"Is he okay?" "He's pale!" "Is he going to die, Minomi-san?" "I'm still checking. Be quiet for a minute." The small, anxious voices subsided. Gentle fingers prodded him here and there, tested the joints and bones. An audible hissing intake of breath as the gi was lifted, the cloth sticking to the bloody wounds beneath. Kenshin struggled to awaken. "Who..." He opened his eyes, blinking against the pale, bleak sunlight. A large man's face hovering over his smiled soothingly. It took a moment before Kenshin recognized him as one of the miners in the village and a repeat customer of his. "Relax," said the burly man quietly. "You're pretty beat up. Nothing's broken, so I'll be taking you to the village doctor myself."
Kenshin nodded wordlessly and shut his eyes, but they flew open once again in a moment. "Tomoe!" he cried in alarm, sitting up so fast pain shot through his body and a groan escaped his lips. The man's expression was solemn. "She's still where you put her. Lie still for now." He looked away. "Good thing you covered her up; it's no fit thing for children to see." For there were children around, Kenshin saw now that he was coming to his senses. A horde of people crowded around him, the villagers he had befriended and the children to whom he had been such a treasured playmate. They watched him with faces shadowed with anxiety. Kenshin's eyes strayed to one small child in particular, a little girl with bright eyes, now filled with tears. "What are you all doing here?" he asked, turning back to his friend.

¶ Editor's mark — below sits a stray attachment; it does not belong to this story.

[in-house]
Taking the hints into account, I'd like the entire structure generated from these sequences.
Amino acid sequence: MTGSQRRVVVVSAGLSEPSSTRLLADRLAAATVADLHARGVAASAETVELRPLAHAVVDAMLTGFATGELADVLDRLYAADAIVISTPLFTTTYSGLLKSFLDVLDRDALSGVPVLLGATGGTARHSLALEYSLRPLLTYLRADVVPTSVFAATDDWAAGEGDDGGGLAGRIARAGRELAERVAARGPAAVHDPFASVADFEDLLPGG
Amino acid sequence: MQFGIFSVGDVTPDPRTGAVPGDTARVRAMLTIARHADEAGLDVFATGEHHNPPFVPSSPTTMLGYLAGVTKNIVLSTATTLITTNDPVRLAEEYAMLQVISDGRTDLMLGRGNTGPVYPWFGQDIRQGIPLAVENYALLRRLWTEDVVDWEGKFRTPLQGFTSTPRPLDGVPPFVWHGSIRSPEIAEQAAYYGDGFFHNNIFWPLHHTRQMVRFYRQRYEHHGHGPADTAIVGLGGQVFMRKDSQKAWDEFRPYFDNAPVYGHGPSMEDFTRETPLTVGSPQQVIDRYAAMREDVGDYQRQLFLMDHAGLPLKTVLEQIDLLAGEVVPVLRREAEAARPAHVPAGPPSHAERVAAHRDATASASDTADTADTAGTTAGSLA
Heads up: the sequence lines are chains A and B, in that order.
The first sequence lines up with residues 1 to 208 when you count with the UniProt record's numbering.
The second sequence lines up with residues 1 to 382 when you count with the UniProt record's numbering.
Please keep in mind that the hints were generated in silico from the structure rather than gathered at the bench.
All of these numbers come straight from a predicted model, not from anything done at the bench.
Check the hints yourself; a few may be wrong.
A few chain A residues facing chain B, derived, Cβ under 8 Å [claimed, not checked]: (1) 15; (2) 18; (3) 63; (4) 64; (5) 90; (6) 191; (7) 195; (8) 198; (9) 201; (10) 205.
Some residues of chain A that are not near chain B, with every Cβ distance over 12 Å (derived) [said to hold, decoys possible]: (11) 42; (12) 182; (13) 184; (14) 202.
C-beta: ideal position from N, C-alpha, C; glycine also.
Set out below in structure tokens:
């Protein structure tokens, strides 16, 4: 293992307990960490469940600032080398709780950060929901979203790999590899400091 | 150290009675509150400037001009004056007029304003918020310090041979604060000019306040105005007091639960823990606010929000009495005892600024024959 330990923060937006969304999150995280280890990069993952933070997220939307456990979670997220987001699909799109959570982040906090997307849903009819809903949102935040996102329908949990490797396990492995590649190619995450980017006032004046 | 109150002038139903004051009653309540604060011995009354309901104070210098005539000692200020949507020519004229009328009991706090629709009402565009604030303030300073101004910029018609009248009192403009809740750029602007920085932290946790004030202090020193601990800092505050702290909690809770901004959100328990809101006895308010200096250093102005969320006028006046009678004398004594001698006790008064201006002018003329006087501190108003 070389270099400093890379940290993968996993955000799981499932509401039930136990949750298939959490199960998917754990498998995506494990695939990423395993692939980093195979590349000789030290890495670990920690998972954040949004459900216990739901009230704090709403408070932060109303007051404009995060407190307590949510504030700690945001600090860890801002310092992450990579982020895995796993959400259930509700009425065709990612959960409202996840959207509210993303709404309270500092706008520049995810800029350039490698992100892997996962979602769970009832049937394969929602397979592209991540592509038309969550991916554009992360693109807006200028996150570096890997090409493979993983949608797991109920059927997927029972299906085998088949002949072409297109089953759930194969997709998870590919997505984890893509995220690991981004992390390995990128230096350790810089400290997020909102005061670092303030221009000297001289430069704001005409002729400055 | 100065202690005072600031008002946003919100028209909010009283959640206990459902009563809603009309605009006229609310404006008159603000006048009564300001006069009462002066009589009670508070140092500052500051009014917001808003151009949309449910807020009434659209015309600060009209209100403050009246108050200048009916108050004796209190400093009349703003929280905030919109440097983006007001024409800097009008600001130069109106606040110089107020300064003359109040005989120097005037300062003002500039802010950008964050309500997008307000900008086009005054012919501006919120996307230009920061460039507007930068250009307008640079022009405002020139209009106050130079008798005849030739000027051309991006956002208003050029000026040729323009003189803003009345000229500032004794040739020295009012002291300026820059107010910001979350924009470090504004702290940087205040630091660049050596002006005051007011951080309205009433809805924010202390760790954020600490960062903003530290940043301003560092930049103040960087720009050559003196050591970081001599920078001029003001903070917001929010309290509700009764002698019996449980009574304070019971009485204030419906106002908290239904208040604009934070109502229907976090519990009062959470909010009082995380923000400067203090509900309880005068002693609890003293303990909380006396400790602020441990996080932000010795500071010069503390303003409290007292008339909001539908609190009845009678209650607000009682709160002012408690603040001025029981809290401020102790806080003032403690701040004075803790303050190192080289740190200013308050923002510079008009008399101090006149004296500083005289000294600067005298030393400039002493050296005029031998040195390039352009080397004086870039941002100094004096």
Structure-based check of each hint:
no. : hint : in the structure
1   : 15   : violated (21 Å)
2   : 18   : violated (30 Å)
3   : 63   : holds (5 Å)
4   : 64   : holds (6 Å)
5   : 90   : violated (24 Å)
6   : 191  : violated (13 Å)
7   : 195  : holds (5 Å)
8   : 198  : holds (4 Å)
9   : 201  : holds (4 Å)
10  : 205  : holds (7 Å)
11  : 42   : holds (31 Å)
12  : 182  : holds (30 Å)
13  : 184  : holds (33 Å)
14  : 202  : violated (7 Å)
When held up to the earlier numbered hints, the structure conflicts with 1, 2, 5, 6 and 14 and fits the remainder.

"The children found your house empty and felt something was wrong. So we all turned out to search for you, and - here we are. Now, put your arms around my neck. I'm carrying you." Kenshin didn't move. "Tomoe." The man sighed, shaking his head. "I'm sorry, my friend," he murmured. "I truly am." Kenshin shook his head impatiently. "I must go to the temple. Today."